So why the objections? What’s the real reason the charter lobby is upset about President Biden’s proposed regulations?

My hunch is that it’s a matter of principle—the principle that they should never give an inch.

For decades, charter schools have occupied a political sweet spot, enjoying the affections of politicians from both major parties. In that position, charter advocates were fully appeased. Compromise was not needed, so it was rebuffed. Like pampered royalty who never learn to listen and empathize, the charter lobby used its political capital to shut down discussions about addressing the sorts of ongoing problems listed earlier.

Over the years, little has changed—except perhaps the effectiveness of these tactics that resist any reform of the status quo for charter policy. For many outside the charter bubble, the sense of entitlement has grown old.

That entitlement was on full display last week. The charter school lobby organized a twitter campaign against the proposed regulations. It choose to use the hashtag #BackOff. If we had a “No Whining” jar, we could have funded next year’s CSP. The advocates’ tweets repeatedly asserted that the “overregulation” would “make it nearly impossible to open new charter schools.” This was accompanied by a newspaper commentary alleging that the proposed regulations were written by “Bureaucratic Gremlins” who had “burrowed” into the federal bureaucracy—rather than just a follow-through on candidate Biden’s campaign promises.

On Fox News, a school choice advocate contended that, through the regulations, the Biden Administration was “waging war on charter schools” in order to protect “unionized government schools.” Meanwhile, two editorial boards that have long pushed for charter school growth—The Wall Street Journal and The Washington Post—continued to misrepresent the regulation’s proposed priorities as requirements, labeling the regulations as “charter school sabotage” (the WSJ) and “a sneak attack on charter schools” (the Post).

The charter lobby’s never-give-an-inch strategy has long been successful in forestalling policies that might mitigate existing problems. But assuming the strategy ever was wise, it no longer is. Potential allies have become frustrated enemies. A once diverse coalition has withered away to expose a core group that appears to be the same anti-public-education and privatizing interests that have long pushed school vouchers.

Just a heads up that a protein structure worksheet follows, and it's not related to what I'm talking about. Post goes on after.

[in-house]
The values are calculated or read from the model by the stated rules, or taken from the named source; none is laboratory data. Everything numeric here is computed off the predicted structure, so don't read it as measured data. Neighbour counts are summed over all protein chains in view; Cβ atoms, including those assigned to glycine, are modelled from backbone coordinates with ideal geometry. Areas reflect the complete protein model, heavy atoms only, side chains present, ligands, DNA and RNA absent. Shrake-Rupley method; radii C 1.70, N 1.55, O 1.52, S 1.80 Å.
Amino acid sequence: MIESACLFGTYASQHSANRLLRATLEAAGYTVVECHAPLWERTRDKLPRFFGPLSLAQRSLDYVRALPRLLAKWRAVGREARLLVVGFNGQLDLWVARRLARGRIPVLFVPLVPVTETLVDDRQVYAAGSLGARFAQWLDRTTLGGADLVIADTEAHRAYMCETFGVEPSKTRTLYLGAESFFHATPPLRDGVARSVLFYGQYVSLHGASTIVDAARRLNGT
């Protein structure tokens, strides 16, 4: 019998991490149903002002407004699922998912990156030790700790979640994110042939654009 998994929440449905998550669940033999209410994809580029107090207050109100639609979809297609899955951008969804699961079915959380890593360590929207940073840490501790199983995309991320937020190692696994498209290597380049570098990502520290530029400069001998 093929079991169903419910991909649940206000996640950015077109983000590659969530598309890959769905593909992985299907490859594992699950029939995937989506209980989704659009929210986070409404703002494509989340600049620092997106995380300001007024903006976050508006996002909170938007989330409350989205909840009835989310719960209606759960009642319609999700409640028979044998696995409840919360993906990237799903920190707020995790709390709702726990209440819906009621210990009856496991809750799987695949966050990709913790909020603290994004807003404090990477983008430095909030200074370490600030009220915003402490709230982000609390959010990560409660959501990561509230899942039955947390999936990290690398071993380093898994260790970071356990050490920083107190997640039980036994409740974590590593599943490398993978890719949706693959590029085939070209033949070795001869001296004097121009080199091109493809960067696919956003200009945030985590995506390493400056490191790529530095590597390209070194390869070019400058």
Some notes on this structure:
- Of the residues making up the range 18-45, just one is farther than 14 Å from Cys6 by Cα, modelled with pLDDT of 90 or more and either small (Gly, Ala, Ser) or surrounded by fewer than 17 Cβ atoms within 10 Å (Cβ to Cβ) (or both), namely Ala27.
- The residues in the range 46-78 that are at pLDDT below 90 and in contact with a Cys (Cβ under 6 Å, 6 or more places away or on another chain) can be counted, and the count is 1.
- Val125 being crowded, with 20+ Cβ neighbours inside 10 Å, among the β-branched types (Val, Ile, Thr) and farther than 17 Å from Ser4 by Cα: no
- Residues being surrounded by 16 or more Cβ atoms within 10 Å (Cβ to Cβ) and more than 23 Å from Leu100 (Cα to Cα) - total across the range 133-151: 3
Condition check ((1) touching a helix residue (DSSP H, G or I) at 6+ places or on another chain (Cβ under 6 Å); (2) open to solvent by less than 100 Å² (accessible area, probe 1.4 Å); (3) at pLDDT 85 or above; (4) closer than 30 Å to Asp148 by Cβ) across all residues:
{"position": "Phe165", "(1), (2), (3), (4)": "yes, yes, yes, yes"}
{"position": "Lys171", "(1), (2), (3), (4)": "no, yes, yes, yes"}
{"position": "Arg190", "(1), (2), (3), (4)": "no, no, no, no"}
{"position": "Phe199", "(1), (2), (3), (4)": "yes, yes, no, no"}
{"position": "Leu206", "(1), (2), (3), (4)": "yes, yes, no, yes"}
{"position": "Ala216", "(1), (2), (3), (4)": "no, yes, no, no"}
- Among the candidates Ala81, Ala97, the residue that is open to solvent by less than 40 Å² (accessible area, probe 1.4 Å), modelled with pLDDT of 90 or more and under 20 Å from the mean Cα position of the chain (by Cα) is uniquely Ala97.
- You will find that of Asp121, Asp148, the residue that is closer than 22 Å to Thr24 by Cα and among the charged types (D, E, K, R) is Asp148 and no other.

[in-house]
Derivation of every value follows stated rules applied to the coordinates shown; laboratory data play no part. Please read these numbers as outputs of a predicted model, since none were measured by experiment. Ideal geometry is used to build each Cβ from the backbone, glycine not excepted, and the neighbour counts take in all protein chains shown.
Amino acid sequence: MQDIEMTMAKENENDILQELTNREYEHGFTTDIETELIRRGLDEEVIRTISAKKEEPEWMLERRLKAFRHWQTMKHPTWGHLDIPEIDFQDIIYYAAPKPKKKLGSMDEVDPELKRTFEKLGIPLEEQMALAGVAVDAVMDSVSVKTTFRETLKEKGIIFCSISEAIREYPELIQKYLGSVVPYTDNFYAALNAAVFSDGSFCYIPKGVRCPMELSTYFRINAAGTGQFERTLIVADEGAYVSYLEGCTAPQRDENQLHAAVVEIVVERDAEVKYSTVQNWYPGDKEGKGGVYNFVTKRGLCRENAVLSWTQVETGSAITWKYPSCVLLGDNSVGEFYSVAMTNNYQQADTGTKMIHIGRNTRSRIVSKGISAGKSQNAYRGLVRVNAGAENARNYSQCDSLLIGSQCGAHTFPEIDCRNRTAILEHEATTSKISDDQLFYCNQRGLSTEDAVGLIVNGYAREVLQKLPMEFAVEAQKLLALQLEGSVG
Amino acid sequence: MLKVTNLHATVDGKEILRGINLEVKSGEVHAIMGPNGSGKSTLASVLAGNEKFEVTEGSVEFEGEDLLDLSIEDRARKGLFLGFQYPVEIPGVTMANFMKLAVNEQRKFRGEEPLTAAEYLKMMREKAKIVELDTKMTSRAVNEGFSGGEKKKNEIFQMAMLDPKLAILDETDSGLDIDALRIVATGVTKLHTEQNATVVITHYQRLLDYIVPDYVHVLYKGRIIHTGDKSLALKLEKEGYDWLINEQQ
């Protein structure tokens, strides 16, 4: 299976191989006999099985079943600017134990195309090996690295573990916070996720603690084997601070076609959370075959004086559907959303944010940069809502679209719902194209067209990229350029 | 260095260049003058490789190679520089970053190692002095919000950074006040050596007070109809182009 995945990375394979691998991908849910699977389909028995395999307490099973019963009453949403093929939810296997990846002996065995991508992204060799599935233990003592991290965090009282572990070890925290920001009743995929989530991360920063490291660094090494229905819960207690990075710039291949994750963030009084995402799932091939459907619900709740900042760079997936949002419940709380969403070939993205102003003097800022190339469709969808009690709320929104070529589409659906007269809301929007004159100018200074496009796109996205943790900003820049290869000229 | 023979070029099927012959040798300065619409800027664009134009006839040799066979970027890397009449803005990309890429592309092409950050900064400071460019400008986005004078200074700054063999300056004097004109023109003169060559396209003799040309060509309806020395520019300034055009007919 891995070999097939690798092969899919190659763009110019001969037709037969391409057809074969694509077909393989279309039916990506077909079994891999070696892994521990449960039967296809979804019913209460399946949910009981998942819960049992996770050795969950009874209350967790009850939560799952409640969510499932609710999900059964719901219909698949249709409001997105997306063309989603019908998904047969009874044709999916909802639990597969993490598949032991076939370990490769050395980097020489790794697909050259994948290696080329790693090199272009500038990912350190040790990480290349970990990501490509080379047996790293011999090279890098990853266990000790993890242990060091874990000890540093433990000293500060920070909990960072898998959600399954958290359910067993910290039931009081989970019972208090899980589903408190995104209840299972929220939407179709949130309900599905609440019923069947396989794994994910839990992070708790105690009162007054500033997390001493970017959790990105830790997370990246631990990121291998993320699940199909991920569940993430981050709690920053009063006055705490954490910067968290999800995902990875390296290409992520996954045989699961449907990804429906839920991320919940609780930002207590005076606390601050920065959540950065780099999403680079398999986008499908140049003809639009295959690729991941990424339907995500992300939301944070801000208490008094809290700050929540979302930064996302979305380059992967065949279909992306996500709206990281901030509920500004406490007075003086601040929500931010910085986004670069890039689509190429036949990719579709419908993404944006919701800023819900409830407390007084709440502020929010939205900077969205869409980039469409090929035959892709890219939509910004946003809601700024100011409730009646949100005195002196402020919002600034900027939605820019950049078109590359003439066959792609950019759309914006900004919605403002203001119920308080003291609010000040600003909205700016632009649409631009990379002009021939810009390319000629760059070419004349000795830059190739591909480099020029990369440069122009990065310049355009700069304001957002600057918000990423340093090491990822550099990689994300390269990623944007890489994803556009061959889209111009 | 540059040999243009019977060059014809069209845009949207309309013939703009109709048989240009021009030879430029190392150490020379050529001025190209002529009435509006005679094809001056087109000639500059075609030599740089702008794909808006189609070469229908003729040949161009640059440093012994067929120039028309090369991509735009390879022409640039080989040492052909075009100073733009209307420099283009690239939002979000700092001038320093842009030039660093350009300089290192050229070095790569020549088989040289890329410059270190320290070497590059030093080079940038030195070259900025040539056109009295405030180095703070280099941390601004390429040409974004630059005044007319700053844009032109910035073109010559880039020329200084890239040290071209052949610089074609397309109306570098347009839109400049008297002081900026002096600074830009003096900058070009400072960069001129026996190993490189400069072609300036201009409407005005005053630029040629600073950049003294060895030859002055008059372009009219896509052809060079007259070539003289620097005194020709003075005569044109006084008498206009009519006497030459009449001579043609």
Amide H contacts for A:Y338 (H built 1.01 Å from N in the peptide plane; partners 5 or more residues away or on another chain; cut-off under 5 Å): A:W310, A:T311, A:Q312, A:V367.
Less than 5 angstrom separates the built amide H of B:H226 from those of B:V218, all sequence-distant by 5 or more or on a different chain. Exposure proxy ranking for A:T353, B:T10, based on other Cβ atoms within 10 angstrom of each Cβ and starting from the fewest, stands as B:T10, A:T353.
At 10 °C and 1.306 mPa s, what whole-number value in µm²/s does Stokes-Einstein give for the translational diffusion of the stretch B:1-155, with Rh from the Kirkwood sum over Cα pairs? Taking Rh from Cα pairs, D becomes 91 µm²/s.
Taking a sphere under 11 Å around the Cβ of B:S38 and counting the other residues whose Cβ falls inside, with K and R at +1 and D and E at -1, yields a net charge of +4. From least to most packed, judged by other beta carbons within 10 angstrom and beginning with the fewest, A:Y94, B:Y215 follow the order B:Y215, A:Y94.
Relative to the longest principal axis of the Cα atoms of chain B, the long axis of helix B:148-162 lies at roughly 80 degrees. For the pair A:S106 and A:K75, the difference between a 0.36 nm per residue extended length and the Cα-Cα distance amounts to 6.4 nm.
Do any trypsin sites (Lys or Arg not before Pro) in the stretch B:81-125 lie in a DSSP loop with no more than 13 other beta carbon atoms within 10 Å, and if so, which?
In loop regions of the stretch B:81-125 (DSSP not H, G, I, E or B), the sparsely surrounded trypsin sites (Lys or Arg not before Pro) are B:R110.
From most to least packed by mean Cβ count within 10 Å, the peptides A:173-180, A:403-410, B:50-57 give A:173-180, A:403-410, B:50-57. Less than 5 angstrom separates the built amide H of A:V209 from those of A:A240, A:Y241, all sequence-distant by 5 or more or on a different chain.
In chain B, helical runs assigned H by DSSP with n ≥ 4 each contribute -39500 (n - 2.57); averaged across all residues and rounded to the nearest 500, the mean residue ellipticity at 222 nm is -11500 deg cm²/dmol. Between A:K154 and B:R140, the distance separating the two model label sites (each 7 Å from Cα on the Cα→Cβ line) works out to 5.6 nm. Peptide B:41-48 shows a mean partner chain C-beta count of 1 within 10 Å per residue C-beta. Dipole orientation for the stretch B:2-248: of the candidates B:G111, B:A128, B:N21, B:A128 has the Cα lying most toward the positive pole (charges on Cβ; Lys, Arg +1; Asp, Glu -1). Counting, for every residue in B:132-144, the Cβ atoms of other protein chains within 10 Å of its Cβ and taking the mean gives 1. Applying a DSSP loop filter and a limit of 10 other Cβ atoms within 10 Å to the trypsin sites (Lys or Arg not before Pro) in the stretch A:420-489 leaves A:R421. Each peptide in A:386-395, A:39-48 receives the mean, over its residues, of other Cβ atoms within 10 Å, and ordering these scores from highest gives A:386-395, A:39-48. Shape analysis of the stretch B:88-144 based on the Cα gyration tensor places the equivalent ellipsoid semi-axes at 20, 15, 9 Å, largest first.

This obstinacy, even when successful in its immediate aims, is counterproductive. The charter lobby is wrong to see thoughtful regulations as existential threats—or even as anything but beneficial. Reasonable public policy concerns about access, stratification and fiscal impact on students in other schools should never have been minimized or dismissed. The charter lobby should have been in the forefront in efforts to rein in fraud and abuse.

The charter sector still includes many schools that we can and should celebrate. The NEPC’s own Schools of Opportunity program has recognized several charter schools that exemplify how high schools can close opportunity gaps. For the charter approach to have a bright future, these are the sort of schools the CSP should prioritize—and the proposed regulations are a step in that direction.

For now, unfortunately, the charter sector as a whole continues to be under-regulated and often harmful. The Biden Administration’s proposals can help change this. They can help charter schools become a beneficial part of public school systems—a role that can be broadly embraced.

I personally decided to submit a “formal” comment. The process is easy—just fill out the quick form and include your comment. The comment window is currently scheduled to close next Monday, April 18th. NEPC Resources on Charter Schools ->

This newsletter is made possible in part by support provided by the Great Lakes Center for Education Research and Practice: